Donna Summer was shopping for furniture in Naples, Fla., two months ago, when she ran into old friend Bob Deal. “I had never seen her look better,” Deal, an interior designer, says of the singer, who told him she’d lost 100 lbs. and was feeling great. At 63, she appeared decades younger. “She looked as good as she did in her ‘Love to Love You Baby’ days,” he recalls. “She was happy.”
Summer, however, wasn’t doing as well as she appeared: Last year she was diagnosed with lung cancer, a secret she shared only with her family and closest pals. So when the news broke on May 17 that she’d lost her battle to the disease, her fans and many friends were stunned. As for why Summer hid her diagnosis, her best friend, author Alice Harris, explains: “She handled it like a soldier. She didn’t want to burden anyone.”
After all, this was a woman who preferred to spread joy, which she did through music. As the Queen of Disco, Summer defined late-’70s pop music with euphoric classics including “Hot Stuff” and “Last Dance”-just two of the 14 Top 10 singles she recorded, many of which she cowrote. Even after the Studio 54 era faded, Summer reigned: In the ’80s she won four Grammys and scored hits, including the anthem “She Works Hard for the Money.” Decades later “deejays still play her songs in clubs,” says producer and friend Nile Rodgers.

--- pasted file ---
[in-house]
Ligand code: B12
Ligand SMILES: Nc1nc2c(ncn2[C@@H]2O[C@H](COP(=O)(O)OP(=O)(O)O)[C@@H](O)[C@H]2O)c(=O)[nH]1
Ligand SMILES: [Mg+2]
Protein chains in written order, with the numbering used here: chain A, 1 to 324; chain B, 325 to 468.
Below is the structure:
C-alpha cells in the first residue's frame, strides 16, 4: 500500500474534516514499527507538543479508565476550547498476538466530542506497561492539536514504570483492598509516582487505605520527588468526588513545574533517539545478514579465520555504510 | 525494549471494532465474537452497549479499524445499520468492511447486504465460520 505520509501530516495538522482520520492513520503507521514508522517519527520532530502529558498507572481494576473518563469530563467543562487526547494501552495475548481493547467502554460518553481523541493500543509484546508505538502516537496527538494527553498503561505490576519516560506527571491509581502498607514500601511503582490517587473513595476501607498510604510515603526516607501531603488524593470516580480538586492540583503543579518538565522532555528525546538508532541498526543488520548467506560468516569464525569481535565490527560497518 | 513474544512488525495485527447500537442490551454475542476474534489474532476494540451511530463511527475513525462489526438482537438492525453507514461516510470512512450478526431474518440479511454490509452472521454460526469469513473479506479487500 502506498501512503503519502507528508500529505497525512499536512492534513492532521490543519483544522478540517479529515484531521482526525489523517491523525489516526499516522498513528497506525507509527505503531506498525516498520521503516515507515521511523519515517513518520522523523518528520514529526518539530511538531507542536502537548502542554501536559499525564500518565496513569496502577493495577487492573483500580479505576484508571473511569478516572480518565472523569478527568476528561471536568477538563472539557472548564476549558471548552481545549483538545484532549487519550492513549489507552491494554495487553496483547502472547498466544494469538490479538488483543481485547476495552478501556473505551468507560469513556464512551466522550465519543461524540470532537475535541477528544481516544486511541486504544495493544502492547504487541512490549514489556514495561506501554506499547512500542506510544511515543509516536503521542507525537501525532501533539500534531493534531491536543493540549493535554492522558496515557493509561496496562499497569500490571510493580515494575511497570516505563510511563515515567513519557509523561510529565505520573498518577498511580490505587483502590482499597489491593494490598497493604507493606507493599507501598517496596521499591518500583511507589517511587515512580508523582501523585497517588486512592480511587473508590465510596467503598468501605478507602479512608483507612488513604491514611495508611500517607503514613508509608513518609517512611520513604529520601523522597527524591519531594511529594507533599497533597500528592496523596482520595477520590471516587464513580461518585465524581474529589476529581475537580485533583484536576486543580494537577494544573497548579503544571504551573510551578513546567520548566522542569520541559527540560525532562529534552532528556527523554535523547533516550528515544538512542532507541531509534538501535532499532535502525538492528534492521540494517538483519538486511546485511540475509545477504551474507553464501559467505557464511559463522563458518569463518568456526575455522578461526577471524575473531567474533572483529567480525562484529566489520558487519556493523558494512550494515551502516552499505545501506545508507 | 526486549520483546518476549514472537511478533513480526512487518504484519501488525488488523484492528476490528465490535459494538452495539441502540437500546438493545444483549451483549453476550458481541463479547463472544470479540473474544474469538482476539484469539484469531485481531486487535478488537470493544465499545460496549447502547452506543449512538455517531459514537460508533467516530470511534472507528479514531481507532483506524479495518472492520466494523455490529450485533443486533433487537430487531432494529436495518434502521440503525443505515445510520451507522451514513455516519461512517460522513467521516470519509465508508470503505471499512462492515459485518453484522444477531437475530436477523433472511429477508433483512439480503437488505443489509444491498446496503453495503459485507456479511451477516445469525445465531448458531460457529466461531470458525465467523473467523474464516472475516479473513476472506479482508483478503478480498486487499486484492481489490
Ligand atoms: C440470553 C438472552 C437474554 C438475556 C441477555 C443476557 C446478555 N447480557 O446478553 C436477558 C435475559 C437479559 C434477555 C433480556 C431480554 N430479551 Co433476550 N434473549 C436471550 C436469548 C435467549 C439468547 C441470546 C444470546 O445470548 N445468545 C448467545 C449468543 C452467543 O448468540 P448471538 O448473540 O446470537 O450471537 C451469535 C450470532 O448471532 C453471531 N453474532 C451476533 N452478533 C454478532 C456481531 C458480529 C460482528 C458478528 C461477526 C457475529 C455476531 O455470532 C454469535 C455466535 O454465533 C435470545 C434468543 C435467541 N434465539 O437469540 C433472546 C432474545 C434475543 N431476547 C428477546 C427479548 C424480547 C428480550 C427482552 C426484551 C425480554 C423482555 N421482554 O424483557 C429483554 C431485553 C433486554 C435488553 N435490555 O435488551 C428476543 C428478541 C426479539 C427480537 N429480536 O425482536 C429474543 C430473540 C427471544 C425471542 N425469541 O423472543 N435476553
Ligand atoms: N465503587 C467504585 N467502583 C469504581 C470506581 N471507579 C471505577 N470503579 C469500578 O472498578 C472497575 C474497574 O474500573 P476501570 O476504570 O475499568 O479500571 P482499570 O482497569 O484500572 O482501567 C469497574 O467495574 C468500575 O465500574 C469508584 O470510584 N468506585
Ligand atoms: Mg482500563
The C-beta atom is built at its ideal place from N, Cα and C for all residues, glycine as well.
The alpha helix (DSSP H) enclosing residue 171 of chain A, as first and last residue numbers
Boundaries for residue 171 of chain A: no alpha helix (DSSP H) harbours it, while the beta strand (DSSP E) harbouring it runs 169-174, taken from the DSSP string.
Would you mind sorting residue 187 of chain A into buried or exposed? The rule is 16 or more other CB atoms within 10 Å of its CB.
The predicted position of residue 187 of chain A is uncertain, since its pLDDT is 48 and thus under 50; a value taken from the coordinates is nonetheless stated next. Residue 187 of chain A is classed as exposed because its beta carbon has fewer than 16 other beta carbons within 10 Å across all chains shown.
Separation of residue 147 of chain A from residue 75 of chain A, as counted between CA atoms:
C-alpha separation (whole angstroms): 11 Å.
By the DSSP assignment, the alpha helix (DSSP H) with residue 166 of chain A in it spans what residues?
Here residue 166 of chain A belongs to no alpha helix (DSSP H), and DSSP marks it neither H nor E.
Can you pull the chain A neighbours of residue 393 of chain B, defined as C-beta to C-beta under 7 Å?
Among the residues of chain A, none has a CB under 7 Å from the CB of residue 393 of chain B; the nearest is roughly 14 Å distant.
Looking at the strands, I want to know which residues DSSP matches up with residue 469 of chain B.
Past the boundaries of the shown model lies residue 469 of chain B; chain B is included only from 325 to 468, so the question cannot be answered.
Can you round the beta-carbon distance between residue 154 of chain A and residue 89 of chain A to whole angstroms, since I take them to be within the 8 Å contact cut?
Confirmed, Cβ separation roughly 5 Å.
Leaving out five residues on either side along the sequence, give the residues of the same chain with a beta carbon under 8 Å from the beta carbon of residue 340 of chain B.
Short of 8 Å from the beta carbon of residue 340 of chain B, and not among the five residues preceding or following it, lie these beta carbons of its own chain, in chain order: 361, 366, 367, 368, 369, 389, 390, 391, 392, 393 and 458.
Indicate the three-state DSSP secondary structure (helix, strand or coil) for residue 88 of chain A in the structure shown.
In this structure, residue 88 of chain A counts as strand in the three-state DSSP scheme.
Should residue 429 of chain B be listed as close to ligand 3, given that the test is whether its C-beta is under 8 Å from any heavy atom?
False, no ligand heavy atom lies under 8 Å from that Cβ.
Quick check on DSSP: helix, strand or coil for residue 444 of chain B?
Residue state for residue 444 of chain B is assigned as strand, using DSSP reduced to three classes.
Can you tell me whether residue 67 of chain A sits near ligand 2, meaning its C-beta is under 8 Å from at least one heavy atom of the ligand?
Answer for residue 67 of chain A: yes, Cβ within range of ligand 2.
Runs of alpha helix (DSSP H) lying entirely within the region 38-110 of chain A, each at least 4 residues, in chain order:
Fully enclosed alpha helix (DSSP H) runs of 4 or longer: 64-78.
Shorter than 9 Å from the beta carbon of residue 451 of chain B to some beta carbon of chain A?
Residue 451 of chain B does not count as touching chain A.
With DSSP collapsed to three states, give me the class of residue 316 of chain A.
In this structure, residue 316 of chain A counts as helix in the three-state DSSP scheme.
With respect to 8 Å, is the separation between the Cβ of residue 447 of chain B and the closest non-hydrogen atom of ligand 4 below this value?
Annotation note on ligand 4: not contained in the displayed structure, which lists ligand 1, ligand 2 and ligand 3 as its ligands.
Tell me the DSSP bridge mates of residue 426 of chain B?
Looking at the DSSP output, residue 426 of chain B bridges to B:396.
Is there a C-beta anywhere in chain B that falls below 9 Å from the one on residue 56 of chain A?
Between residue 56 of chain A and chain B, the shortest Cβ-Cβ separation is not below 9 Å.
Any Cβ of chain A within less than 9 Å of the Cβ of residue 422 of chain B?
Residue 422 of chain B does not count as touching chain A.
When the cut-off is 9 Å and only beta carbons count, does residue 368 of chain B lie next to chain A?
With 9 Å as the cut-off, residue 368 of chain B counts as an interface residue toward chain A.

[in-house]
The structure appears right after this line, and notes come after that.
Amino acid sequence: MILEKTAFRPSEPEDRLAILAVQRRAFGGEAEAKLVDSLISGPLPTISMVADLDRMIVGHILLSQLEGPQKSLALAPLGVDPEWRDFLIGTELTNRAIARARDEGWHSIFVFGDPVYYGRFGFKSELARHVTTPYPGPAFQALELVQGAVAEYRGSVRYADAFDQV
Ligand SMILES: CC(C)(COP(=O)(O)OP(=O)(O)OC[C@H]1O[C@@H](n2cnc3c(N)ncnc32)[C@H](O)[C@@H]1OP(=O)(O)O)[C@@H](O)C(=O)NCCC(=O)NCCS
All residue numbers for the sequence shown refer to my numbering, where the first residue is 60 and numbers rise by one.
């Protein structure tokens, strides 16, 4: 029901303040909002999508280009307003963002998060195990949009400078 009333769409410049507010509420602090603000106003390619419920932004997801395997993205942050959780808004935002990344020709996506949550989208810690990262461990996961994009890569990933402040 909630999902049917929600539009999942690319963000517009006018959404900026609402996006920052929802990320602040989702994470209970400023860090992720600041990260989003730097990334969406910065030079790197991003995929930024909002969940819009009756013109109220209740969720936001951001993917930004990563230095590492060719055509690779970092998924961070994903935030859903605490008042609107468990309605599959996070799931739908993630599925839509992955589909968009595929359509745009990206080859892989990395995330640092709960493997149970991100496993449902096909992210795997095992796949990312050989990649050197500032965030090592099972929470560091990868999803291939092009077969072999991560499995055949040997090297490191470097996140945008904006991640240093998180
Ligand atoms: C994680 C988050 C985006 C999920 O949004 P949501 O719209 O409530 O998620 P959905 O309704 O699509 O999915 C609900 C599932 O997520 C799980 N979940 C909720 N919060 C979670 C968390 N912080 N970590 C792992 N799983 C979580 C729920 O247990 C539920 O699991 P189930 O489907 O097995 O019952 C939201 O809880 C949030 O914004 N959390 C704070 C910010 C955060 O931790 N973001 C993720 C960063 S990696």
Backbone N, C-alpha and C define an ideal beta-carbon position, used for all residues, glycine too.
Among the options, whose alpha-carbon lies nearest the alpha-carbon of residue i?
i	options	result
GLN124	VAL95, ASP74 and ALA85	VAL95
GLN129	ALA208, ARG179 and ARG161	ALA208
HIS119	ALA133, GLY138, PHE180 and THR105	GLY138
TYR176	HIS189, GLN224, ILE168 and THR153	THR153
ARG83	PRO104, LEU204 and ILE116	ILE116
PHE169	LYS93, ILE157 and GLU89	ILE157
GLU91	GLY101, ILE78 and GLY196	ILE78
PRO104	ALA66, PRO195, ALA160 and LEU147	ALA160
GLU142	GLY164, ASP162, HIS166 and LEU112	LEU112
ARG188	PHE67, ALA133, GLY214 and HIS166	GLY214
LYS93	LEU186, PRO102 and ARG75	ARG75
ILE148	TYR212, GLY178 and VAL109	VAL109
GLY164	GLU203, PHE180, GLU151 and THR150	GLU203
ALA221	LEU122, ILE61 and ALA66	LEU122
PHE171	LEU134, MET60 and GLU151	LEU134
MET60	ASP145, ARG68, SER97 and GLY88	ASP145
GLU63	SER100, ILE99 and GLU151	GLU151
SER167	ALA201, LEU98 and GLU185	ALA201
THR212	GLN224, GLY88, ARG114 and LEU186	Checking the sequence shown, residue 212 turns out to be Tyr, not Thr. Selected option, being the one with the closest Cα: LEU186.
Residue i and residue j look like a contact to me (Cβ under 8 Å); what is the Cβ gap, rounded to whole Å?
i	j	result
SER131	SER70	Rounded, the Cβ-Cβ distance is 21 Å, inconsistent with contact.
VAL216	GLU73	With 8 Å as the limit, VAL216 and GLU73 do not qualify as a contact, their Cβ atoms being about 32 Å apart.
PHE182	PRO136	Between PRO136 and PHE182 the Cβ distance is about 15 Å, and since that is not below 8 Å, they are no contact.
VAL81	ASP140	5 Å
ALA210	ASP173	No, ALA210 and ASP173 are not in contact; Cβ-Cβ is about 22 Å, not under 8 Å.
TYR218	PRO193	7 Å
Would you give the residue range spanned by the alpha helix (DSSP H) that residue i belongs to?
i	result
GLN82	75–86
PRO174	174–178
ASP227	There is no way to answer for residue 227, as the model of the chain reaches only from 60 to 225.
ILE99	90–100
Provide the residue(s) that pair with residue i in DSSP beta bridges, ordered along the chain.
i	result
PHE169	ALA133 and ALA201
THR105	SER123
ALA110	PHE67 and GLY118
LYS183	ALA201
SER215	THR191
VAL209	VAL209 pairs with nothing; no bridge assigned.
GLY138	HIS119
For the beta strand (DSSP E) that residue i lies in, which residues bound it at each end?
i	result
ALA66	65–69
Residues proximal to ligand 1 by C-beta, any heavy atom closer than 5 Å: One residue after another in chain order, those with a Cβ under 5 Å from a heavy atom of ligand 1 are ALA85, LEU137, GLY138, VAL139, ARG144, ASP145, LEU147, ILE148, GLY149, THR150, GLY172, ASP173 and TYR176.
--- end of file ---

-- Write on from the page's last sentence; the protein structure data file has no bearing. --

It’s a legacy that was founded in Boston, where LaDonna Gaines (who had six siblings) grew up singing in a gospel choir. In the late ’60s the aspiring actress moved to Germany to perform in a production of Hair but switched her focus back to music after meeting producer Giorgio Moroder. “When ‘Love to Love You Baby’ came out [in 1975], we were surprised by its impact,” recalls Moroder. “It was a sign for the women of the world that they can do what they want.”
For Summer, success came quickly, but trouble wasn’t far behind. She struggled to balance her career with being a wife (to first husband Helmuth Sommer) and mother. By 1976 she found herself in the middle of a divorce and custody battle, and attempted suicide. “I felt emotionally destitute,” she wrote in her autobiography Ordinary Girl: The Journey.
Prescription drugs were a temporary fix for her depression, until she became a born-again Christian. Then, in 1980, she married producer Bruce Sudano, now 63, on what she called “the happiest day of my life.” In 1995 the couple moved their family from Los Angeles to Nashville, where Summer painted in her free time. Yet her troubles weren’t over. She was in New York City on 9/11, and the trauma sent her into a deep depression. “I couldn’t go out; I didn’t want to talk to anybody,” she told PEOPLE in 2008. The singer once again rediscovered peace through faith (and therapy). “Light came back into my soul,” she explained.
Still, nothing brought her more happiness than spending time with her daughters Mimi, 39, Brooklyn (an actress), 31, and Amanda, 29, and her four grandchildren. Says Harris: “Her commitment to her family was above and beyond.”
The rest of the world will remember her for her voice. Summer toured as recently as 2008, and last fall-even as she battled her illness-she performed “Last Dance” at the wedding of music producer David Foster. And she still wowed the crowd. Says the groom, a friend of 30 years: “Her voice was just as good as it was the day I met her.”